level. The higher the zoom, the more detailed the map.

Google Maps will work correctly with recent versions of most
modern browsers. Nevertheless, it is good practice to make sure all
the same, by using the GBrowserIsCompatible()
method.

Finally, in the body, we display the map. The size and shape of
the map are taken from the corresponding HTML element. The map is
initialized when the page is loaded (via the onload event). In
addition, when the user leaves the page, the
GUnload() method is called (via the onunload event).
This cleans up the map data structure in order to avoid memory
leak problems that occur in Internet Explorer.

[prettify]
    <body onload="load()" onunload="GUnload()">
    <div id="map" style="width: 420px; height: 420px"></div>
    </body>
[/prettify]

The resulting map is illustrated in Figure 1.

A simple map
Figure 1. A simple map

Panning and Zooming

Now that we can successfully display a map, let's try to add some
zoom functionality. The Google Maps API lets you add a number of
different controls to your map, including panning
and zooming tools, a map scale, and a set of buttons letting you
change between Map and Satellite views. In our example, we'll add a
small pan/zoom control and an "Overview map" control, which places
a small, collapsible overview map. You add controls using the
addControl() method, as shown here:

[prettify]
function load() {
  if (GBrowserIsCompatible()) {
    var map = new GMap2(document.getElementById("map"));
    map.setCenter(new GLatLng(-41.5, -187.5), 5);
    map.addControl(new GSmallMapControl());
    map.addControl(new GOverviewMapControl());
  }
}
[/prettify]

Our new map is illustrated in Figure 2.

A map with some controls
Figure 2. A map with some controls

Adding Markers to Your Maps

The Google Maps API is not just about displaying a map; you can
also configure more dynamic maps. To do this, you add "overlays" to
your map. Overlays are objects that are displayed as certain
locations on the map, and that the user can interact with. A
typical use of an overlay is to place a marker at a given location
to indicate some special place or address.

Let's add a simple marker to our map. We want a marker to be
displayed over a particular tourist attraction in Elbonia. After
obtaining the latitude and longitude of the site, we create a new
GMarker object and add it to the map using the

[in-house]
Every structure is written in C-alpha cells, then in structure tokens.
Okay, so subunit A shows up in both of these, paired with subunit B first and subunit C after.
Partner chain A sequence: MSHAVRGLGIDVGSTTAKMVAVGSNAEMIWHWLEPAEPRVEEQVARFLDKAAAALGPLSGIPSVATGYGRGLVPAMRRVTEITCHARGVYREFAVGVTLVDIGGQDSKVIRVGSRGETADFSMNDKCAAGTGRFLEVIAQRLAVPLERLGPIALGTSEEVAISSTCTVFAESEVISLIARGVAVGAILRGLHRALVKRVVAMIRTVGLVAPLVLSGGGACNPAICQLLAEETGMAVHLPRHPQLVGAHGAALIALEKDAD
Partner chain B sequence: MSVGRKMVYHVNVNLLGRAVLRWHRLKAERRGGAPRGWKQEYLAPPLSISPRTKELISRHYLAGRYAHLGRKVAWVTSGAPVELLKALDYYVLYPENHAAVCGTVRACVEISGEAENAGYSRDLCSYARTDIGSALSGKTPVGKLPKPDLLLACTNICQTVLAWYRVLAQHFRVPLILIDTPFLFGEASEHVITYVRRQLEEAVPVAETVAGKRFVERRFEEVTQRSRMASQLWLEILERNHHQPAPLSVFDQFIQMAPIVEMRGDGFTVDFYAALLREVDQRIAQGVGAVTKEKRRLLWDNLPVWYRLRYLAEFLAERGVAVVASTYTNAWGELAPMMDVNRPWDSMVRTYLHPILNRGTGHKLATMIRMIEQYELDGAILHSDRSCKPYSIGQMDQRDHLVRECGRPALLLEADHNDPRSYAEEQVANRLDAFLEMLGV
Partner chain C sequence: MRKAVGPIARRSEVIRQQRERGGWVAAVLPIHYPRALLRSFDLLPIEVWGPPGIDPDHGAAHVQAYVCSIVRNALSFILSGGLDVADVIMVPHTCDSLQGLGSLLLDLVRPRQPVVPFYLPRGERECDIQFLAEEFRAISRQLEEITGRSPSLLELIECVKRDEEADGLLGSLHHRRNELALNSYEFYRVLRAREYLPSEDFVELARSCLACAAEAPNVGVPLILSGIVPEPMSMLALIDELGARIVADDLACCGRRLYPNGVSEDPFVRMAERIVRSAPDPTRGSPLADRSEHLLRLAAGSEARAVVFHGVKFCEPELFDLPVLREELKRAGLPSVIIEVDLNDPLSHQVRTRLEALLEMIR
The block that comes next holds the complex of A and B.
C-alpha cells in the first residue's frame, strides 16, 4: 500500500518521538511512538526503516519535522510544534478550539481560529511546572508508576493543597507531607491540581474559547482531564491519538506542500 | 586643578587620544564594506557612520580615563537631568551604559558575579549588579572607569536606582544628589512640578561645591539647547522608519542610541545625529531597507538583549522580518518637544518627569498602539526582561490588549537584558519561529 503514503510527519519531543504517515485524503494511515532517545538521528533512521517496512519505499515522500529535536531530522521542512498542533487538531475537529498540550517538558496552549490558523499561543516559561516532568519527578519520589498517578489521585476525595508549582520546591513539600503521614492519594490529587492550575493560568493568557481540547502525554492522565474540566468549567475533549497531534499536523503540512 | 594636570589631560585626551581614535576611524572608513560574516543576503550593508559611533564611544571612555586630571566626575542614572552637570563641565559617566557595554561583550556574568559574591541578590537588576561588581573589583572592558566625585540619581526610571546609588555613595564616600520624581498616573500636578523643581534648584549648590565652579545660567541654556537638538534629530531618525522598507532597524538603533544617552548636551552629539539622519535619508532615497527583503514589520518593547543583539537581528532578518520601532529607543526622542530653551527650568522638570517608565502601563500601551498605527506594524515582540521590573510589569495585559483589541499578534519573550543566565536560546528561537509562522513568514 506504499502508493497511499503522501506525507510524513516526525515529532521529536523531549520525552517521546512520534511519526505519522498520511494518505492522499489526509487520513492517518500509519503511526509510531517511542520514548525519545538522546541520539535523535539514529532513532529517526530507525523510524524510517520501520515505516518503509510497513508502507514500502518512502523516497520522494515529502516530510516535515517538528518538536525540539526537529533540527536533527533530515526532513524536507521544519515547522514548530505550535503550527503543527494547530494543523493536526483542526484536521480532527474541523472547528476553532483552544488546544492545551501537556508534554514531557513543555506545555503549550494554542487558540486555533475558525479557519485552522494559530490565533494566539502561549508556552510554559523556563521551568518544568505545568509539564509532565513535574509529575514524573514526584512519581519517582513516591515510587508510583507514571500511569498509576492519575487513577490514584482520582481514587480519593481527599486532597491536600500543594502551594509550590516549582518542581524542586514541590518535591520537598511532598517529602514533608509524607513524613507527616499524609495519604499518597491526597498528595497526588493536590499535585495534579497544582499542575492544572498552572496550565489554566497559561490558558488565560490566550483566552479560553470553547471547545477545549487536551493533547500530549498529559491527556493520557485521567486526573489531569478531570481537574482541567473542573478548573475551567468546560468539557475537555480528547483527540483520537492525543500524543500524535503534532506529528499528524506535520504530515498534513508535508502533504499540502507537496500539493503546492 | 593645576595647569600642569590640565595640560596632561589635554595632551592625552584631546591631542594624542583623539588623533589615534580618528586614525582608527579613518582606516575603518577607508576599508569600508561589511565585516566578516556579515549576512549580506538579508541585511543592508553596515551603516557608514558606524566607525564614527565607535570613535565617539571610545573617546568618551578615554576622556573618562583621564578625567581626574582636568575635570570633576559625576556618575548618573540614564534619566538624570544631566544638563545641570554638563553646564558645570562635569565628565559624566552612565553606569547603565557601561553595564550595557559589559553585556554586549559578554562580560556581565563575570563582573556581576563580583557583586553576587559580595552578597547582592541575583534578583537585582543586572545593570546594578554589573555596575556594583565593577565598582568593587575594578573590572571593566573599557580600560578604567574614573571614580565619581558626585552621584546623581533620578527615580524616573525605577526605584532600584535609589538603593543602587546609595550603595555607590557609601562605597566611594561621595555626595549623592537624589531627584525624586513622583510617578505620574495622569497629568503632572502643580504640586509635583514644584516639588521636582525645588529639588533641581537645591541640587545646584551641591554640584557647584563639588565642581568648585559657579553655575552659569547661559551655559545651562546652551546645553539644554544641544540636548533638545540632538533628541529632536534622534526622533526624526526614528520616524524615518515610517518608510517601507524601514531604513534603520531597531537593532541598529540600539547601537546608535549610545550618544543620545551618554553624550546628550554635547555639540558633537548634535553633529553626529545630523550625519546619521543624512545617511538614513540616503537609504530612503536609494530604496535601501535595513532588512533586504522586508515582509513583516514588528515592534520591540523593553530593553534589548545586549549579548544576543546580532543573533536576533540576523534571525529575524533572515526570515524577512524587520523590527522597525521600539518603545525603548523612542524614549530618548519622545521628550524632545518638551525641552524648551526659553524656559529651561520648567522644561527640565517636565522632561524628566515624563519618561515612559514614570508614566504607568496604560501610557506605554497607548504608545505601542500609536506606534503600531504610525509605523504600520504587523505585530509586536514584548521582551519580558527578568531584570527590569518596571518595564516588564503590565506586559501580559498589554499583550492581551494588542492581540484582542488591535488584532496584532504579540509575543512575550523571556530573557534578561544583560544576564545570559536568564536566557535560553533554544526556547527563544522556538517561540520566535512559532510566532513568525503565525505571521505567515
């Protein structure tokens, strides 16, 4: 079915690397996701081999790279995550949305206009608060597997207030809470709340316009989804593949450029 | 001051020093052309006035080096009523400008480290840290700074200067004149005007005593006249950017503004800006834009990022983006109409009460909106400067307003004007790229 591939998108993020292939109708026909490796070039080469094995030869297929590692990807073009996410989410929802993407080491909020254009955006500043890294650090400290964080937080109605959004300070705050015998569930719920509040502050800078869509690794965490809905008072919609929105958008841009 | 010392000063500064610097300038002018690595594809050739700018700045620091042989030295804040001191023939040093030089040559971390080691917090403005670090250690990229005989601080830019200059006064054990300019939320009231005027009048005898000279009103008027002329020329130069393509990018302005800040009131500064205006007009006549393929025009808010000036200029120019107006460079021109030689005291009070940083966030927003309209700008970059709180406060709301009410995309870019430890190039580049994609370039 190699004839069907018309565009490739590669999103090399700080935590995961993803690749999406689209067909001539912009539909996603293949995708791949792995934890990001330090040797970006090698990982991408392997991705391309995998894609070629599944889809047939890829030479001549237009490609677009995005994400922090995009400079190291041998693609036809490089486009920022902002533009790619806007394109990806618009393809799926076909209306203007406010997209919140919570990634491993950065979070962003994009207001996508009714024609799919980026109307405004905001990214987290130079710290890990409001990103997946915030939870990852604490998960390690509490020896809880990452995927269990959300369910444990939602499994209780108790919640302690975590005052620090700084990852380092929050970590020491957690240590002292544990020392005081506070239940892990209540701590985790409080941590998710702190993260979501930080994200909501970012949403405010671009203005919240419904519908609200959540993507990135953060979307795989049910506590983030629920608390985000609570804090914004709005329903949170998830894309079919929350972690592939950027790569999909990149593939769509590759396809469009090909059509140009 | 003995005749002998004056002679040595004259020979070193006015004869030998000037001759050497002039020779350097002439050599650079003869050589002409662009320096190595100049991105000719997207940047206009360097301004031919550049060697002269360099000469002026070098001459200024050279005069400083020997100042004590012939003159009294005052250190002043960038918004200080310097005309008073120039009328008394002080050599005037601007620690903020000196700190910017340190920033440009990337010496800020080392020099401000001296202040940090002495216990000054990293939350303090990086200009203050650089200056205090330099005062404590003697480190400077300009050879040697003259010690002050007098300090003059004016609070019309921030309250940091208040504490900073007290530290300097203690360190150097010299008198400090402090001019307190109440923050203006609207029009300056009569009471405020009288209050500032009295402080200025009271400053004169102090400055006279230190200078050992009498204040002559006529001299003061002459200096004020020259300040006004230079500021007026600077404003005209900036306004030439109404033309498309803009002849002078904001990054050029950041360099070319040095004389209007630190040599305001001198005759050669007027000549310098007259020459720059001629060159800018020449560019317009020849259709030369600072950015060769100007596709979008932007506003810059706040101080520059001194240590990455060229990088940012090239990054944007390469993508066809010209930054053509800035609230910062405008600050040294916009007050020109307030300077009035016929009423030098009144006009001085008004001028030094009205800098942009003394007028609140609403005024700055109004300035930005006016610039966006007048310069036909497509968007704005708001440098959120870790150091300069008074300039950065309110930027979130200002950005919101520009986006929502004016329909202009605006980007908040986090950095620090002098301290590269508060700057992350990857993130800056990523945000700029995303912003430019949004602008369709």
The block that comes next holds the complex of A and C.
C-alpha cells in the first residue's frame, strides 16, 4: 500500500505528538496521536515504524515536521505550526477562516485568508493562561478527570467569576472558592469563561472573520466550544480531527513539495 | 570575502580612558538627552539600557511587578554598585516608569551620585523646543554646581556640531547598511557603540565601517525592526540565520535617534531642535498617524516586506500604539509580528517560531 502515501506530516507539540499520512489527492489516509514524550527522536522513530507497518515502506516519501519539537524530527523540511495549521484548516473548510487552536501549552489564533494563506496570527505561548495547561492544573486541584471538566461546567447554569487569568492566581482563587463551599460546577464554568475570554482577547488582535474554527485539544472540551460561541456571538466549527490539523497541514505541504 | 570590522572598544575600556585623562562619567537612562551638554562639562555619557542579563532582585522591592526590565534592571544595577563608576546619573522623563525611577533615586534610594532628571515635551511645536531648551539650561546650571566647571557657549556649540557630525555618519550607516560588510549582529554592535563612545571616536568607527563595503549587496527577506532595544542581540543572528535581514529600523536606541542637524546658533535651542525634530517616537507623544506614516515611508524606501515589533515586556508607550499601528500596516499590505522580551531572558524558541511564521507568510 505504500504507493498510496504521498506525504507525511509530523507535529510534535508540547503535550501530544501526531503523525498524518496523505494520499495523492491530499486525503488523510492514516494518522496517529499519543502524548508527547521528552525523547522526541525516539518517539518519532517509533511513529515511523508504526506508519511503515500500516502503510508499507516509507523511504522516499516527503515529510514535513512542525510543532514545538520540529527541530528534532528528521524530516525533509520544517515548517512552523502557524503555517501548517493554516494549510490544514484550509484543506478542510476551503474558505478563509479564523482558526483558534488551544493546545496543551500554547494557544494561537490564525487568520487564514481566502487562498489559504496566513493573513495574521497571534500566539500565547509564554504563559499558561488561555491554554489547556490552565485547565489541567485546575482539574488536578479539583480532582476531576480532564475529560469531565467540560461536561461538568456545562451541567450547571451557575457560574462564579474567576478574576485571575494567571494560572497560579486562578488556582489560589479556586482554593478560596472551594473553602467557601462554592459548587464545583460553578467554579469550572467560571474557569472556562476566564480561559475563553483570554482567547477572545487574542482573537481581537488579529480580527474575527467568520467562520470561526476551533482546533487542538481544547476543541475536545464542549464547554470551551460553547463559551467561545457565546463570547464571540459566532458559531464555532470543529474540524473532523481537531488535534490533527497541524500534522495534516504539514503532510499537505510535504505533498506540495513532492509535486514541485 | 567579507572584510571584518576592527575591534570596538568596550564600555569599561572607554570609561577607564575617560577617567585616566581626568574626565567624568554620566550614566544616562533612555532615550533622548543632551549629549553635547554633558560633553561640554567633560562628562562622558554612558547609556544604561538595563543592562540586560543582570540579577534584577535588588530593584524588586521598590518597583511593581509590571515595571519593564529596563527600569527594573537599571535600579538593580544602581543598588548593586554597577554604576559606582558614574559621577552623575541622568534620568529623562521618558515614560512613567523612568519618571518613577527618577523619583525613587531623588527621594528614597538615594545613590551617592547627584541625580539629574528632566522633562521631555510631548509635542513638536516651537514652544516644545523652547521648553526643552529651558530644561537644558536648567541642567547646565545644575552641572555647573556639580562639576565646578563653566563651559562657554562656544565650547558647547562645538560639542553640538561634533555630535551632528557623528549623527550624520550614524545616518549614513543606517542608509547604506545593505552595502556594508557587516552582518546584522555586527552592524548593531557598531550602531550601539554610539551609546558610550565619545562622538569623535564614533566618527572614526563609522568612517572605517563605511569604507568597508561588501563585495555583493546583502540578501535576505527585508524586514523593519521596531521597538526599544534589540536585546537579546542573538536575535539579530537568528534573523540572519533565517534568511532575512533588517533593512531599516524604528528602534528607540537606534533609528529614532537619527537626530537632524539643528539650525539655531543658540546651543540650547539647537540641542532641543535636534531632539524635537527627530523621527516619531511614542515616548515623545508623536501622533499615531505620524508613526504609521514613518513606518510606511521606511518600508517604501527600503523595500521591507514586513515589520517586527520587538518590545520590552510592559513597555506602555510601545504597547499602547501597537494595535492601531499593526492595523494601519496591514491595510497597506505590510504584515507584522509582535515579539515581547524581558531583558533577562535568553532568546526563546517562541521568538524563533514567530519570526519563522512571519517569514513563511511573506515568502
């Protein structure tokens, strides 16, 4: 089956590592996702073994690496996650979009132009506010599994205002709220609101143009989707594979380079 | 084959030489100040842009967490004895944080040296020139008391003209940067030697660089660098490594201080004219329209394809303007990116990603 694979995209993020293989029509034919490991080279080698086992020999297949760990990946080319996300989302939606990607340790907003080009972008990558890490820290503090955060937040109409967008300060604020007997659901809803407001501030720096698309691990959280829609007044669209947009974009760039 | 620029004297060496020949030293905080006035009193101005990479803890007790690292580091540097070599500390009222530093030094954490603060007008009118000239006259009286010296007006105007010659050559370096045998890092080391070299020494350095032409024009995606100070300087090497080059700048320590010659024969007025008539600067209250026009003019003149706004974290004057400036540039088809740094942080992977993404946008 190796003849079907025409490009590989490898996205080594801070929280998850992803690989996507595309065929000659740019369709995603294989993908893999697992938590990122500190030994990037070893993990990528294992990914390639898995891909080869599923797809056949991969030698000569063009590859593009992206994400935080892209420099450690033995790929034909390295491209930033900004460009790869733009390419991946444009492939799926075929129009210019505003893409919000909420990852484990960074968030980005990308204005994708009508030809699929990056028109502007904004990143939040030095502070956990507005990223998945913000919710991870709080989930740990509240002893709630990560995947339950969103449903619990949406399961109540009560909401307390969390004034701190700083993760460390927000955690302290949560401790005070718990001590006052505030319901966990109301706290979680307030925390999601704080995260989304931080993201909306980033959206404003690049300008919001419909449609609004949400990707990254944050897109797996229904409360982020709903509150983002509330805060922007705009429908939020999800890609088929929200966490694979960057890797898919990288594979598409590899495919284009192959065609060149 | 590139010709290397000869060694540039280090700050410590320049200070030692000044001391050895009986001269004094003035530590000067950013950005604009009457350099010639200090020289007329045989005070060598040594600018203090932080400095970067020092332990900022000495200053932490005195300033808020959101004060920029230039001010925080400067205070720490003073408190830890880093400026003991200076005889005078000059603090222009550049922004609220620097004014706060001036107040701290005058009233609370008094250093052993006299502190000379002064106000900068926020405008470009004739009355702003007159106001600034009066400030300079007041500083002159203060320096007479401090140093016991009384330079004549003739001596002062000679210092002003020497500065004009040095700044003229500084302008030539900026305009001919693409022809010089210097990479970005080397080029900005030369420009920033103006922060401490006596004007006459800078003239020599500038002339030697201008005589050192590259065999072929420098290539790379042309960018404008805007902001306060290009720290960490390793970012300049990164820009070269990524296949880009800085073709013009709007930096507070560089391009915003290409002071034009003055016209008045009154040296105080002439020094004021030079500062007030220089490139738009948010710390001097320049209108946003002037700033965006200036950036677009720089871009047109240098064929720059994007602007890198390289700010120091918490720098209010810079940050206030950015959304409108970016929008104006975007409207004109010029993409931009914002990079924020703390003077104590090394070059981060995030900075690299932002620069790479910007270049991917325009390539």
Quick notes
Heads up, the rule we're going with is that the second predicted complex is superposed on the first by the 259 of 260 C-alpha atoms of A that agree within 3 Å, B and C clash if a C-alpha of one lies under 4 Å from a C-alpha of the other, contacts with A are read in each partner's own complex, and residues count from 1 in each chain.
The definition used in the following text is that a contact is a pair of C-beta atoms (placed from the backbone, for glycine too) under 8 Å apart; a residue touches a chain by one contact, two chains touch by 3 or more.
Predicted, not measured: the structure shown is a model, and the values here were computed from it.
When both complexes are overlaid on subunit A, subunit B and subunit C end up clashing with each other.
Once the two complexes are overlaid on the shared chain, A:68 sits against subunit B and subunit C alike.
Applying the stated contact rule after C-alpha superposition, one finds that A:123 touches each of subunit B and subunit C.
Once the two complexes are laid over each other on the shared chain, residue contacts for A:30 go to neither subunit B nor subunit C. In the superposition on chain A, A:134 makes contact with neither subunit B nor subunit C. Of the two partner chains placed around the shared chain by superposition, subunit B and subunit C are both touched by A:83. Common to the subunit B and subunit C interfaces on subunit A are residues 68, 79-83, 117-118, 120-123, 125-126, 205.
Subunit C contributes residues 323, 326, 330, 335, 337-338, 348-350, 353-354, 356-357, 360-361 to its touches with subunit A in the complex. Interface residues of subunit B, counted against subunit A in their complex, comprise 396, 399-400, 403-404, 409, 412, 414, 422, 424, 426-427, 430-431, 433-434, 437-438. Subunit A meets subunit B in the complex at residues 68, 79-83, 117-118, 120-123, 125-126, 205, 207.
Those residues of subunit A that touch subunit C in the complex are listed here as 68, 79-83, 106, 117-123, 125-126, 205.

addOverlay() method:

[prettify]
function load() {
  if (GBrowserIsCompatible()) {
    var map = new GMap2(document.getElementById("map"));
    map.setCenter(new GLatLng(-41.5, -187.5), 5);
    map.addControl(new GSmallMapControl());
    map.addControl(new GOverviewMapControl());
    var point = new GLatLng(-41.28, -185.22);
    marker = new GMarker(point);
    map.addOverlay(marker)
  }
}
[/prettify]

In our example, we want to display some details when a user
clicks on our marker. We just add a listener to the marker, and
invoke the openInfoWindowHtml() method, which displays
an HTML message in a text bubble.

[prettify]
    marker = new GMarker(point);
    map.addOverlay(marker)
    GEvent.addListener(marker, "click", function() {
        marker.openInfoWindowHtml("<p>More details</p>");
    });
[/prettify]

Now that we have gone through the basics of the Google Maps API,
let's see how we can integrate a Google Map with a server-side
application.

An Introduction to Ajax

Ajax is the technology behind Google Maps. It is also the
technology we will use to extend and integrate our Google Map
into a dynamic web application. Ajax stands for "Asynchronous
JavaScript and XML." Behind all the hype, Ajax is basically a
technology that enables JavaScript code to sent a request to a
server, retrieve some data in response (generally in XML format,
hence the X in Ajax), process this data, and update the web page
accordingly. The first A stands for "Asynchronous;" Ajax requests
can sent off to a server in the background, without interrupting
the user. When the results arrive in the client browser, a callback
function is called to process the data and dynamically update the
screen. The screen does not have to be reloaded at each update,
which provides for a much smoother, faster user experience.

At the heart of Ajax is the XMLHttpRequest
class.

[prettify]
    <script language="javascript" type="text/javascript">
        var req = new XMLHttpRequest();
    </script>
[/prettify]

In fact, creating an XMLHttpRequest object is not
quite that simple: the time-old problems of browser compatibility
raise their ugly heads again here. Put simply, Microsoft Internet
Explorer uses one of two possible ActiveXObject objects, whereas
virtually all other browsers use the XMLHttpRequest
class. There are many documented workarounds to this problem, most
of which generally involve something along the following lines:

[prettify]
    <script language="javascript" type="text/javascript">
    <script type="text/javascript">
    //<![CDATA[
    var req = false;
    if (window.XMLHttpRequest) {